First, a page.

Broadcast News

Bookmark and Share

Audio Metadata Processing – The Holy Grail Of Home Audio Entertainment

News Image
Today, the home entertainment television experience has been transformed. Many homes possess a large-screen high definition (HD) television and this immersive entertainment experience is significantly heightened by good multi-channel sound.
Whether it is sports, action adventure or drama, the impact of a TV programme is significantly influenced by the sophistication of the 5.1 surround sound that accompanies the broadcast. From the evolution of audio noise reduction to encoding, processing, digital cinema and live sound, Dolby Labs have been at the forefront in advances in audio technology over the last 45 years.
As impressive an audio transmission system as Dolby Digital is, there still exists a challenge in the diversity of listening devices that exist in the home ranging from a full-blown 5.1 surround amplifier with five full range speakers and a sub woofer all the way through to a single TV set with a mono speaker. All of these devices will receive the same broadcast signal and the challenge is for them to process that data in the most efficient way to provide the listener with the best audio experience.
Dolby is an elegant and sophisticated audio transmission system and the answer to the playback challenge lies in the metadata that is always transmitted within Dolby Digital plus broadcasts (both surround and stereo). At Axon, we have been working with Dolby in developing technical solutions that will provide transparent metadata handling within a Dolby audio stream which results in lowest operational cost with limited human intervention or dependency on automation within a broadcaster’s operations.
Why all the fuss about the audio?
You might think that there is relatively little variation in broadcast audio at different stages in a broadcast, but if you did you would be wrong. Depending on the type of programme being broadcast – from movies, to sports and general entertainment broadcasts, there is a very different set of audio parameters that broadcasters require.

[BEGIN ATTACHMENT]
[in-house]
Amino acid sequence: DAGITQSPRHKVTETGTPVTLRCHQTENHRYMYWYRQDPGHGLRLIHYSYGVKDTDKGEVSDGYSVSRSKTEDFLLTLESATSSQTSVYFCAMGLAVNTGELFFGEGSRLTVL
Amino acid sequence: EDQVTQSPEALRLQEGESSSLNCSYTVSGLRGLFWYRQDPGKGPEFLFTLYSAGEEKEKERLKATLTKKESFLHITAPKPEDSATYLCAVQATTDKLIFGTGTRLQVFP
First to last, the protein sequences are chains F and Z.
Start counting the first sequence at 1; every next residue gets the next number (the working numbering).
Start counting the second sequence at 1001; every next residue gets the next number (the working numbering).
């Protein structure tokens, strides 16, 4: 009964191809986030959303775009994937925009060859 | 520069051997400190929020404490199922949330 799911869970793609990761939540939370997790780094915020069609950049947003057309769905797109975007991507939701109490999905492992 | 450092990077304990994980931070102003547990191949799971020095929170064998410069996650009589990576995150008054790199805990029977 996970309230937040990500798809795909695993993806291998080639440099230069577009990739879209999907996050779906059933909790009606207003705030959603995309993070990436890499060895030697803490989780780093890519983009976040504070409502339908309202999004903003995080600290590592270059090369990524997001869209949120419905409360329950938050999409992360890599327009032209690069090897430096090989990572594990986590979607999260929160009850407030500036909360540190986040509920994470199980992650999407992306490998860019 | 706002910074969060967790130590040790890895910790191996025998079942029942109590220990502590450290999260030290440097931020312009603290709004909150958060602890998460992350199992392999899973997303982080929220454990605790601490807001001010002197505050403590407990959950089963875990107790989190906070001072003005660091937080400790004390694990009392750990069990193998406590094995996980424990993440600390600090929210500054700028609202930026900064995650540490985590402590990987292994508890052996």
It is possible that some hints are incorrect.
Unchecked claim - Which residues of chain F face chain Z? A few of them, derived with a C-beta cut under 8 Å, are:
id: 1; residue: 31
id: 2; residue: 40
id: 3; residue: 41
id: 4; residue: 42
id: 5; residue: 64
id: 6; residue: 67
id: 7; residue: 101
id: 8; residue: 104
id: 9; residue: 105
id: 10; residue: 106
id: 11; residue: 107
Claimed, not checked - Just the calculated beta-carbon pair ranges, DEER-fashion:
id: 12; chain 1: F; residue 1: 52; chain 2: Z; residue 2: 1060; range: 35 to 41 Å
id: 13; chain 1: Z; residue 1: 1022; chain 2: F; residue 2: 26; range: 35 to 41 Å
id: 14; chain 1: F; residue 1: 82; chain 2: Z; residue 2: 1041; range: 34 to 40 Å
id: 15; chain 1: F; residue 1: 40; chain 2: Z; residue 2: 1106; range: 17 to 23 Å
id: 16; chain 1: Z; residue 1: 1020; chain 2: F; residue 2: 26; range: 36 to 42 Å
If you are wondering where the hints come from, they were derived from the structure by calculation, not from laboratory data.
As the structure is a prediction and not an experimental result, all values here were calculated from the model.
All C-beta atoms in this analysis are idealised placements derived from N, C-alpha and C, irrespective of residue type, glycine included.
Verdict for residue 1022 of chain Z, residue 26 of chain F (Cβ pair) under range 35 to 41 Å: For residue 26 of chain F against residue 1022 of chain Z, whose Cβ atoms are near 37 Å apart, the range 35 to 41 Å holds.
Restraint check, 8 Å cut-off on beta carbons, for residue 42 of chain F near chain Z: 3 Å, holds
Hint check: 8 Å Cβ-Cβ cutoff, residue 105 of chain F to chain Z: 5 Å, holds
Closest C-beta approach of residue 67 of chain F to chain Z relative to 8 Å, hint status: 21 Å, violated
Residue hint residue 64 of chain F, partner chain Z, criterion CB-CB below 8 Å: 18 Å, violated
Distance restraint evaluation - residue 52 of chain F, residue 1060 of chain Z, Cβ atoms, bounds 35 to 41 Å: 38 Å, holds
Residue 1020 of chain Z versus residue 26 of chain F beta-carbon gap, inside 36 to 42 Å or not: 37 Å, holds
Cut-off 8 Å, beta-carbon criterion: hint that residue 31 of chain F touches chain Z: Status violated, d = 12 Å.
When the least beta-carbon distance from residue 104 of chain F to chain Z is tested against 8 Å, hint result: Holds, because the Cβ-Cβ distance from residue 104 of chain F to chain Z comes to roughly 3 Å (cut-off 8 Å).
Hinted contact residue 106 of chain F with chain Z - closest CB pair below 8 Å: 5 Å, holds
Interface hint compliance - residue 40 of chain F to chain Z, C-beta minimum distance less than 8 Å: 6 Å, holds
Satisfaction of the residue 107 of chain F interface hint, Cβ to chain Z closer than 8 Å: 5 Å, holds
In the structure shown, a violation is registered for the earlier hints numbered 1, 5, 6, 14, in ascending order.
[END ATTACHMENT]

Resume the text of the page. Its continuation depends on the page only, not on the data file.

The diagram below shows the parameters that one of Europe’s premier satellite broadcasters has defined and uses in broadcasts to more than 10 million subscribers.
These are parameters that are defined by this individual broadcaster, however there are other parameters that have been established by regulators and even by national governments. In 2010, the US government passed the Commercial Advertisement Loudness Mitigation (CALM) Act which makes it illegal for commercials to be excessively loud compared to the rest of the programming on a given channel.
Similarly, the European Broadcast Union’s EBU P/Loud Group has made recommendations. Encapsulated within directive R128, these recommendations cover a loud metering specification, loudness descriptor, loudness test material , practical guidelines and distribution guidelines.
Working together, Axon and Dolby believe that all of these requirements for specifications for different audio playback systems can be supported by intelligent metadata processing within the Dolby Digital plus broadcast stream.
The challenge is straightforward – all these different listening options need to be addressed in the most optimal way by generating compatible signals within the metadata for the equipment used. Due to differences in surround sound mixes and the way that six channels interact with each other, we need to apply different instruction sets in order to generate the correct signals for each of the chosen outputs.
The best person to apply these different parameters is the audio/balance engineer that is responsible for the final audio mix. Only he/she can best determine how a surround sound mix needs to be modified when listened to in stereo. Physically, this person sits at the start of the production chain and will benefit from transporting this data along with the video.